One Size Fits All? – Postmonolingual Critical Thinking in Pentecostal Postgraduate Education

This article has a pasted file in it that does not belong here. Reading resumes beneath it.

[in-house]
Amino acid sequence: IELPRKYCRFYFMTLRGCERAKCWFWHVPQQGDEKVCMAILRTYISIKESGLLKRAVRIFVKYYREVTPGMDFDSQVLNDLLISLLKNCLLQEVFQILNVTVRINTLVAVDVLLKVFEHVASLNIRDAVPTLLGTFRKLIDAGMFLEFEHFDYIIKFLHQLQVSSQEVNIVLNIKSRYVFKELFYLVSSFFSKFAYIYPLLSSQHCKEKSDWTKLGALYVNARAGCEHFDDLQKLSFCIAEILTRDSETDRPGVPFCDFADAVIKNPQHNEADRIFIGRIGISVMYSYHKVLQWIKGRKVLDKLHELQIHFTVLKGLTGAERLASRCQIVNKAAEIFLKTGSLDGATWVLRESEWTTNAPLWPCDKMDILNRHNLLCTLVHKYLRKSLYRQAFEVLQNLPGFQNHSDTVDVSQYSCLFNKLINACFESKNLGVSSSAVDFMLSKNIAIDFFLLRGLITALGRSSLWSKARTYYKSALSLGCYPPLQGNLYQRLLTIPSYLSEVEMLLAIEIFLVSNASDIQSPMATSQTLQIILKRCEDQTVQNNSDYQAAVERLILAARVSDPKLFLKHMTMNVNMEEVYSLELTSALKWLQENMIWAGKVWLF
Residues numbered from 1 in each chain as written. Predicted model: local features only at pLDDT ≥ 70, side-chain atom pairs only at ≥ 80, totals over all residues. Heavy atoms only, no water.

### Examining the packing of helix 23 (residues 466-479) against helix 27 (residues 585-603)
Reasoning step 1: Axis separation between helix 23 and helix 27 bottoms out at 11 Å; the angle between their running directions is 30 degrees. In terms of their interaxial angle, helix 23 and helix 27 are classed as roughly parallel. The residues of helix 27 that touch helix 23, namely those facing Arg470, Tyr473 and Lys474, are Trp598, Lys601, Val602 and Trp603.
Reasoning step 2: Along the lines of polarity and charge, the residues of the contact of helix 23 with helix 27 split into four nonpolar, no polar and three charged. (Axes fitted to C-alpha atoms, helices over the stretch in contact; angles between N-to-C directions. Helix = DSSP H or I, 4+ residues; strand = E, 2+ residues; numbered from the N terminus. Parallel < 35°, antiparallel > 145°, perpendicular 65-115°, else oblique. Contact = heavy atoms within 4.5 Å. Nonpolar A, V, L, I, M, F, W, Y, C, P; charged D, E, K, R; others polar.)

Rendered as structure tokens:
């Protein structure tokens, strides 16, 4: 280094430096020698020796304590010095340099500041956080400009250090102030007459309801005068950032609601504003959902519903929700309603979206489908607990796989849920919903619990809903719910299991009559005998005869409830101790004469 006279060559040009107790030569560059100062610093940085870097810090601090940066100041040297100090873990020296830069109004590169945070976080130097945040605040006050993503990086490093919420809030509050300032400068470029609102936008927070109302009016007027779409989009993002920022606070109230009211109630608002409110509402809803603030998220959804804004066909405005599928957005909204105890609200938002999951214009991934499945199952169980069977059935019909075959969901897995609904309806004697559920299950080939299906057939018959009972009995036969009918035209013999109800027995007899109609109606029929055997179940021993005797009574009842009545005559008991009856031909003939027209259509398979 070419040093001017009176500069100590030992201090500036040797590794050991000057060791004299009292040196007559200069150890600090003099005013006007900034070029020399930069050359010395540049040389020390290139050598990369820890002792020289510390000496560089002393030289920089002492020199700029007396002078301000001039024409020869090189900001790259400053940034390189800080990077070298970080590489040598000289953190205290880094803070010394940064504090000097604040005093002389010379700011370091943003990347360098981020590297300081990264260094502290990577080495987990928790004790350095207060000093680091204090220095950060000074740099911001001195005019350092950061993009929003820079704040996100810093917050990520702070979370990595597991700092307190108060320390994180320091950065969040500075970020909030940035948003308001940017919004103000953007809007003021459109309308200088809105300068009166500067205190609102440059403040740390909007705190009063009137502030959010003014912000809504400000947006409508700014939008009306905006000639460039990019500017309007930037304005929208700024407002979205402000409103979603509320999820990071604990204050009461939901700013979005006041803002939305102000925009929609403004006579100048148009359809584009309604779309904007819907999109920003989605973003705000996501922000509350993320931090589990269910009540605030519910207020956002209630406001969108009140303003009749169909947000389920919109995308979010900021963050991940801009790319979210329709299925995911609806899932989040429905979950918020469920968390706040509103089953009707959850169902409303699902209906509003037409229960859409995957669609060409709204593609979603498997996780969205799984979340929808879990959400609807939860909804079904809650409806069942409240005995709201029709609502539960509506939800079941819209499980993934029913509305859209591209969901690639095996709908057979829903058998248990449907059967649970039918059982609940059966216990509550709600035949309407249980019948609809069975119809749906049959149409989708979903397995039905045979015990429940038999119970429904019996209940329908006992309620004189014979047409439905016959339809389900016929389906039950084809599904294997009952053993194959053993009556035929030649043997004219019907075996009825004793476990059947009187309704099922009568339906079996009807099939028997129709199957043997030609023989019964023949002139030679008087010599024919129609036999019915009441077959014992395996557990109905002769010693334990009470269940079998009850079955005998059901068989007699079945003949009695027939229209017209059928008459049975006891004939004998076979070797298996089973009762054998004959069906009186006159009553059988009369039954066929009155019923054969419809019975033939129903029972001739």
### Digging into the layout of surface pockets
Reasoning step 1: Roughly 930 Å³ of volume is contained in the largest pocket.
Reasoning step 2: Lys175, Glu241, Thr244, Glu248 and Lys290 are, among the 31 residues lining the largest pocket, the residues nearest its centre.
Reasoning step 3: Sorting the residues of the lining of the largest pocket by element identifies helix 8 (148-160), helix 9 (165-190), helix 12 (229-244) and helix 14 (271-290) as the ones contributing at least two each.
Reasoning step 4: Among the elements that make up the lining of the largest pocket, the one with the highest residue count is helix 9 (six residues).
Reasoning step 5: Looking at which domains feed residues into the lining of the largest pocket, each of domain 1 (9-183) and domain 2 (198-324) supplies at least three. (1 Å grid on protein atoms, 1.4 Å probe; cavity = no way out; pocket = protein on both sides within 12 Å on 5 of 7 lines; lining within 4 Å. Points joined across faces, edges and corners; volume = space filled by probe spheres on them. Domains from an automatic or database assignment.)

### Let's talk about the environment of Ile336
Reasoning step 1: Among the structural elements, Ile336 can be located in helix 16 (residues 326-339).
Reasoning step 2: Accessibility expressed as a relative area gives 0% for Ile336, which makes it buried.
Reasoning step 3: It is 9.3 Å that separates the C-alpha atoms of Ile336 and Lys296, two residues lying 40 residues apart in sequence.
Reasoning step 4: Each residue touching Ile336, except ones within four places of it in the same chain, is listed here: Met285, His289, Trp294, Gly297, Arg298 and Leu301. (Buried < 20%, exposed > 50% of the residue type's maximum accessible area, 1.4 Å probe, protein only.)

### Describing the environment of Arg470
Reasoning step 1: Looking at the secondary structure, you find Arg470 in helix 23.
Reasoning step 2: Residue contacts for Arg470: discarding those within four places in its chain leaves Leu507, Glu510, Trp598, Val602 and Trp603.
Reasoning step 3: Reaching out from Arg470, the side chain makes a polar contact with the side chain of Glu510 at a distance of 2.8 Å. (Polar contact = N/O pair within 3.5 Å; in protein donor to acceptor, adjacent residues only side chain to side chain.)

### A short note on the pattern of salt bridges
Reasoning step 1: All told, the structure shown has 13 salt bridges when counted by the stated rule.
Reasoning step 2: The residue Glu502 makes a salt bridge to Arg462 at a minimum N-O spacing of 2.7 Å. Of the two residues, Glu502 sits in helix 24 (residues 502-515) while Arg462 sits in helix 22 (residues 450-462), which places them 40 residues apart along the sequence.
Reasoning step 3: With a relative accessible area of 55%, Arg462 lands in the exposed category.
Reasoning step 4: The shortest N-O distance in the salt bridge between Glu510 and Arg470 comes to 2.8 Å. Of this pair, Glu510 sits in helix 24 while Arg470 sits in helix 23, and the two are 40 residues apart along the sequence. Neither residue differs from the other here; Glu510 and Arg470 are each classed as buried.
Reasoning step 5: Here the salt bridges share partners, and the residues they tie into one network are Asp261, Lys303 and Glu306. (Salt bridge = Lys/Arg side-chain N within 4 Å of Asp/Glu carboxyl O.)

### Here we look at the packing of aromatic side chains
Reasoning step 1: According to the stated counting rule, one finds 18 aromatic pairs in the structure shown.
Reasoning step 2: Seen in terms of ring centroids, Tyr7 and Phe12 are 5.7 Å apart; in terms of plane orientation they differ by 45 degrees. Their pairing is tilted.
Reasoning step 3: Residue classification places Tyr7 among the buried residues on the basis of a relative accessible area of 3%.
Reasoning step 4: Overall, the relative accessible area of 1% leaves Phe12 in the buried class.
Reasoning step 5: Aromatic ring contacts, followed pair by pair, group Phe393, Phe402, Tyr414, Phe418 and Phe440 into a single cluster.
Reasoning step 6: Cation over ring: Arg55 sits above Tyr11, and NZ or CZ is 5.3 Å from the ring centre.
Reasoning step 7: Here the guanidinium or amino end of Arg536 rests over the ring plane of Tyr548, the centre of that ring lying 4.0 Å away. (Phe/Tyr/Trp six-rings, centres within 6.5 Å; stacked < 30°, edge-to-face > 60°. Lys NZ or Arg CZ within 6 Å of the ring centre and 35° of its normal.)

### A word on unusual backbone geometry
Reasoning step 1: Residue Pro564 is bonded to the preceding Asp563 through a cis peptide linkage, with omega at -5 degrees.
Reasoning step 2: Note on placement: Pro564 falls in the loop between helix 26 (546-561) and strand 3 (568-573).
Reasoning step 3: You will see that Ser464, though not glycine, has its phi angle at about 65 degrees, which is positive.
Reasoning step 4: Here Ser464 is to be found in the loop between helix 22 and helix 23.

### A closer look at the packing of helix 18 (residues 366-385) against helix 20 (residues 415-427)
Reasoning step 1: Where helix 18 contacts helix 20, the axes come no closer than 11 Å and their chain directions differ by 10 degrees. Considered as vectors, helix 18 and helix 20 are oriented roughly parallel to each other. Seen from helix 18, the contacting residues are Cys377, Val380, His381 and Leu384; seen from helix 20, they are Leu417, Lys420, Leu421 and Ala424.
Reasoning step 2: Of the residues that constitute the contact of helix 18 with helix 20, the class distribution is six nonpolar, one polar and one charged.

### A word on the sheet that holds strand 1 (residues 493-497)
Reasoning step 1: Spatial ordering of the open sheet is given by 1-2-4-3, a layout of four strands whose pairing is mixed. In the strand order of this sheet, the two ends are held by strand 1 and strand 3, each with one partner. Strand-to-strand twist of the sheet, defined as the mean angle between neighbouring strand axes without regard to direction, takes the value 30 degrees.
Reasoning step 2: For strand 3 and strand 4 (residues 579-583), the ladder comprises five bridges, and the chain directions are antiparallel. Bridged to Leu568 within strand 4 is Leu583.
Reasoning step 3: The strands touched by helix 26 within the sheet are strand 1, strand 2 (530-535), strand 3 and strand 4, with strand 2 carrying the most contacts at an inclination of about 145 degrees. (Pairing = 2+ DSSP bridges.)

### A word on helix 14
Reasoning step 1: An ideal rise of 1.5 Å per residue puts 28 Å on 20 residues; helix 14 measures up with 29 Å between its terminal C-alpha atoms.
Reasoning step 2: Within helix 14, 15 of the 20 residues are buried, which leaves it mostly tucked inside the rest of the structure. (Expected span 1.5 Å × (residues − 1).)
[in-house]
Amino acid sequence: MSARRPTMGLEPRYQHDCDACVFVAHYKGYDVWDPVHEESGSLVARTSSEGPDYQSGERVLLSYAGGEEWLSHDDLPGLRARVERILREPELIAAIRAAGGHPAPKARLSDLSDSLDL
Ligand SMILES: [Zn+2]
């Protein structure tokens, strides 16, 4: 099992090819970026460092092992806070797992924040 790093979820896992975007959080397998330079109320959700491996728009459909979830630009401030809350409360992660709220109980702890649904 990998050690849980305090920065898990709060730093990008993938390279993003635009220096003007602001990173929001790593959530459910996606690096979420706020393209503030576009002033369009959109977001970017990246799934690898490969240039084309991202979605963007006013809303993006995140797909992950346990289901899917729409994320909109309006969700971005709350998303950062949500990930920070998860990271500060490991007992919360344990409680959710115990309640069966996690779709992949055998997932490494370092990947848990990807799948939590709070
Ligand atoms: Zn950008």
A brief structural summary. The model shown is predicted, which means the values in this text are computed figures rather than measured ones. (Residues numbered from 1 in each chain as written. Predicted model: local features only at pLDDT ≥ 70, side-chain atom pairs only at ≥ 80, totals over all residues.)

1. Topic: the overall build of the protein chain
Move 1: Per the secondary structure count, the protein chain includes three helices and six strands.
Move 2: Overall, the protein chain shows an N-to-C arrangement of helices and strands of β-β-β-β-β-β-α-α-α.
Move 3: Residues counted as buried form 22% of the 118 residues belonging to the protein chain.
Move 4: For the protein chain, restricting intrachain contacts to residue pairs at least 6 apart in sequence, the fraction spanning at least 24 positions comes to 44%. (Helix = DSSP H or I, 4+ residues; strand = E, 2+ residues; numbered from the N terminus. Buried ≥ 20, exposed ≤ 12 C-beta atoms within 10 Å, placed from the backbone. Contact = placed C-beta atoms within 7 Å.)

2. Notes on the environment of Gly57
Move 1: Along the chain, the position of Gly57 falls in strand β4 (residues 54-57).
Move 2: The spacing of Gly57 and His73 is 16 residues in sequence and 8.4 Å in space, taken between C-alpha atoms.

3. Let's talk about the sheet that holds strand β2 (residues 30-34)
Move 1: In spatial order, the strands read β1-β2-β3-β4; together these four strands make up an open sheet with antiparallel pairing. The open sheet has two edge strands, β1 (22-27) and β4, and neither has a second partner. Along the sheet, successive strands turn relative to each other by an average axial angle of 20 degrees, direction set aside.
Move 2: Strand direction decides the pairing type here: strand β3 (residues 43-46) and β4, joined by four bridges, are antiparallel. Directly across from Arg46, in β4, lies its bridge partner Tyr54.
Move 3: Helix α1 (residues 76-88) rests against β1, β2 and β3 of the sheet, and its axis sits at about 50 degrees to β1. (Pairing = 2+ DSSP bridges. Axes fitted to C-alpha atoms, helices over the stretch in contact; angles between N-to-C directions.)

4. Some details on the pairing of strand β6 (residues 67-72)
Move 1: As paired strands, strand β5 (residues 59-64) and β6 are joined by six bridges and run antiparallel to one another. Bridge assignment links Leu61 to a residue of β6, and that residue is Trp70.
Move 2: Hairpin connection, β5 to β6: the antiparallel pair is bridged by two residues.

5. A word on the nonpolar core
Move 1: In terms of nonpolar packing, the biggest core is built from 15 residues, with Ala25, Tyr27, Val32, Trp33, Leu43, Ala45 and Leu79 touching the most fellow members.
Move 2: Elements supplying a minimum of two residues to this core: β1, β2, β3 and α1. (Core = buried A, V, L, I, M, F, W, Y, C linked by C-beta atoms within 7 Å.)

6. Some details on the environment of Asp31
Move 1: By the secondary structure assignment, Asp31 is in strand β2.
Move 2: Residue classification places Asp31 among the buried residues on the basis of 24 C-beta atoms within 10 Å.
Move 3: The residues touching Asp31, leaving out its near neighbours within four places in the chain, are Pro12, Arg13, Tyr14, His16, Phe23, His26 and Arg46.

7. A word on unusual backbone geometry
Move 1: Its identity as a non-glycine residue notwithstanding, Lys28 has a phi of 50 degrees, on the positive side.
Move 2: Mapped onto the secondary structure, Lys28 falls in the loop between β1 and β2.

The critical thinking required in Australian postgraduate education demonstrates an English-monolingual bias, which derives from Australian universities’ assumed English linguistic dominance and Western-centric academic culture. Therefore, Pentecostal theological educators need to examine the epistemological assumptions that underpin the broader Australian education system when undertaking Higher Education. This article offers postmonolingual critical thinking as an alternative pedagogical method for Australian Pentecostal theological postsecondary education and beyond. This article argues that postmonolingual critical thinking provides a possible response to Pentecostalism’s “anti-intellectual” debate and creates a Pentecostal identity within Australian postgraduate education. It is argued that Pentecostal education may facilitate learners’ transformation and move away from Western-centric knowledge-production where English-monolingual critical thinking is an a priori justification. By examining the critical thinking practices of seven multilingual Pentecostal postgraduate students through a postmonolingual lens, this article explores how these critical thinkers access their full language repertoire to exercise a socio-relationally-informed, communally-oriented postmonolingual critical thinking. The potential impact of this dialectically progressive framework of critical thinking on Pentecostal education is also examined.
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